I MUST HAND IT to Father Theodor Riechmann. As outlandish as his idea was, it was already proving a stroke of genius for the mending of our community. The people of Rundschau, who just an hour earlier had filed into the church as if for their own funeral, were now transformed.
Around me in the congregation, I heard expressions of excitement from every direction, as if a crowd of children had just been told they were going to the fair. How amazing this seemed to me! The danger was still present; the plague lurked silently in our homes, ready to show itself; but our fears had melted away. No longer were we simply waiting to die; we were part of something new and fascinating, a divine act—the Mysteria.
What an amazing creature man is! One moment he may seem utterly crushed by misfortunes; then suddenly he sees a truly worthy meaning and purpose to them, and he’s ready to stand beside you shoulder to shoulder, steadfastly facing whatever else life throws your way.
But what, exactly, was this Mysteria supposed to look like? Big Reinecke the blacksmith was first to call out this question that morning in the church, as he ran his fingers through his red beard. He wasn’t alone in wondering about this. Of course, at one time or another, most of us had traveled to Linden or elsewhere for holidays and seen there what was called a passion play. And one Christmas, Lothar and I happened to witness a performance which a Linden street-banner announced as a “Great and Amazing Presentation in Five Acts with Prologue and Intermission about the Birth of Christ, the Adoration of the Magi, and Herod’s Massacre of the 14,000 Infants in Judean Bethlehem.” It was a puppet show—but this was not, I gathered, what Father Theodor had in mind.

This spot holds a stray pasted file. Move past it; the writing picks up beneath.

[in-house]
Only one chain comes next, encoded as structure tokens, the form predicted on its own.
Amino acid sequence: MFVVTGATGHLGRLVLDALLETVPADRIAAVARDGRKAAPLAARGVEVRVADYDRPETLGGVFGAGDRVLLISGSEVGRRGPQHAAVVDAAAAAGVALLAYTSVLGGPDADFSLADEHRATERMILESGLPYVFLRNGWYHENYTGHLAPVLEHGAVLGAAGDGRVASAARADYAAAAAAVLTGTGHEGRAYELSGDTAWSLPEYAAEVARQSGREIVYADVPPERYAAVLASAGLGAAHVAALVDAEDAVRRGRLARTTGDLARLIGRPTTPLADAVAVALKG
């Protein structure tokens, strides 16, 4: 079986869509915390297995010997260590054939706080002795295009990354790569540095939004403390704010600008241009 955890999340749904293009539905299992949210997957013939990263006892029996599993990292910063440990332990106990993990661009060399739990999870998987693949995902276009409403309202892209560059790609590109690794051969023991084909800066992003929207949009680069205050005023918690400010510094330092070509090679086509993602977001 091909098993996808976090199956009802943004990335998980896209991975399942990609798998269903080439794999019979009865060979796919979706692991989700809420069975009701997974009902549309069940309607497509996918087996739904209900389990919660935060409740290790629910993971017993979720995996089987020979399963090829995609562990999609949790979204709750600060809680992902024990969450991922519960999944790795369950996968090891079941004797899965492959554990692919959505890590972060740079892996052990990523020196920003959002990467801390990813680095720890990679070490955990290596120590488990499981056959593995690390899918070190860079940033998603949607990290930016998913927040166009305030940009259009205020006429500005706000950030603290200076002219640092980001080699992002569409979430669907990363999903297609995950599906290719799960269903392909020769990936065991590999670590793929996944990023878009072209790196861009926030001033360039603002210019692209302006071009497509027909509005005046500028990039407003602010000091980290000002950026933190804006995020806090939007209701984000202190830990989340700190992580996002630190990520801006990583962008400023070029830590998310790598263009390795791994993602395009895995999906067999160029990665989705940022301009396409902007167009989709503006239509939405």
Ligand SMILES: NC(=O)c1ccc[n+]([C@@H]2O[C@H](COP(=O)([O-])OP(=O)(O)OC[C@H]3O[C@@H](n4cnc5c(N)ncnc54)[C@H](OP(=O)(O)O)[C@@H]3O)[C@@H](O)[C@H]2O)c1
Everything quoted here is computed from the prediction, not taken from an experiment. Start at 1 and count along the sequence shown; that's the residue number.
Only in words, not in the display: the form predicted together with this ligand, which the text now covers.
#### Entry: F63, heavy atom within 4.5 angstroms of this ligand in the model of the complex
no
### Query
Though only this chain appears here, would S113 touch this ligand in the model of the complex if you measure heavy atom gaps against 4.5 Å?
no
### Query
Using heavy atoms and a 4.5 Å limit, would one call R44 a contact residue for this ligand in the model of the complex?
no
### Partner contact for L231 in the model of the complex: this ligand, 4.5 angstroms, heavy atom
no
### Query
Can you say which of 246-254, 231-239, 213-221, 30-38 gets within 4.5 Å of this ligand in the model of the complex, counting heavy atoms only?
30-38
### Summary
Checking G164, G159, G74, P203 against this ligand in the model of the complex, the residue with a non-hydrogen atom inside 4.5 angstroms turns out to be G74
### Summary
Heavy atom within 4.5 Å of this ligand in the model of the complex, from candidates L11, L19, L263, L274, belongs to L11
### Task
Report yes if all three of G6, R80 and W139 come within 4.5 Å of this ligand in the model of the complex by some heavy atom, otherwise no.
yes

As the noise of the crowd died away, our priest stepped down from the pulpit to further explain. We would simply enact from the Gospels, line by line, the holy Passion of our Lord—and do it right outside our doors in Rundschau. This way we would glorify the Lord not only with our voices, as happens when one simply reads the Gospels aloud, but with our whole bodies and even with the streets of our village! Father Riechmann also added that the mass that we just had was in a way reenacting the Lord’s Supper, and that during this reenactment a mystery of sacrament (called Mysteria in Latin) takes place.
He also said we must do this as soon as possible. “Time is short, my children. Our lives hang by a thread, and any of us could be struck ill any moment.”
This reminder in no way dampened our excitement. Rather, prominent voices in the congregation called out ideas and suggestions that were eagerly affirmed by other voices, and the Mysteria began taking on a practical shape in our minds.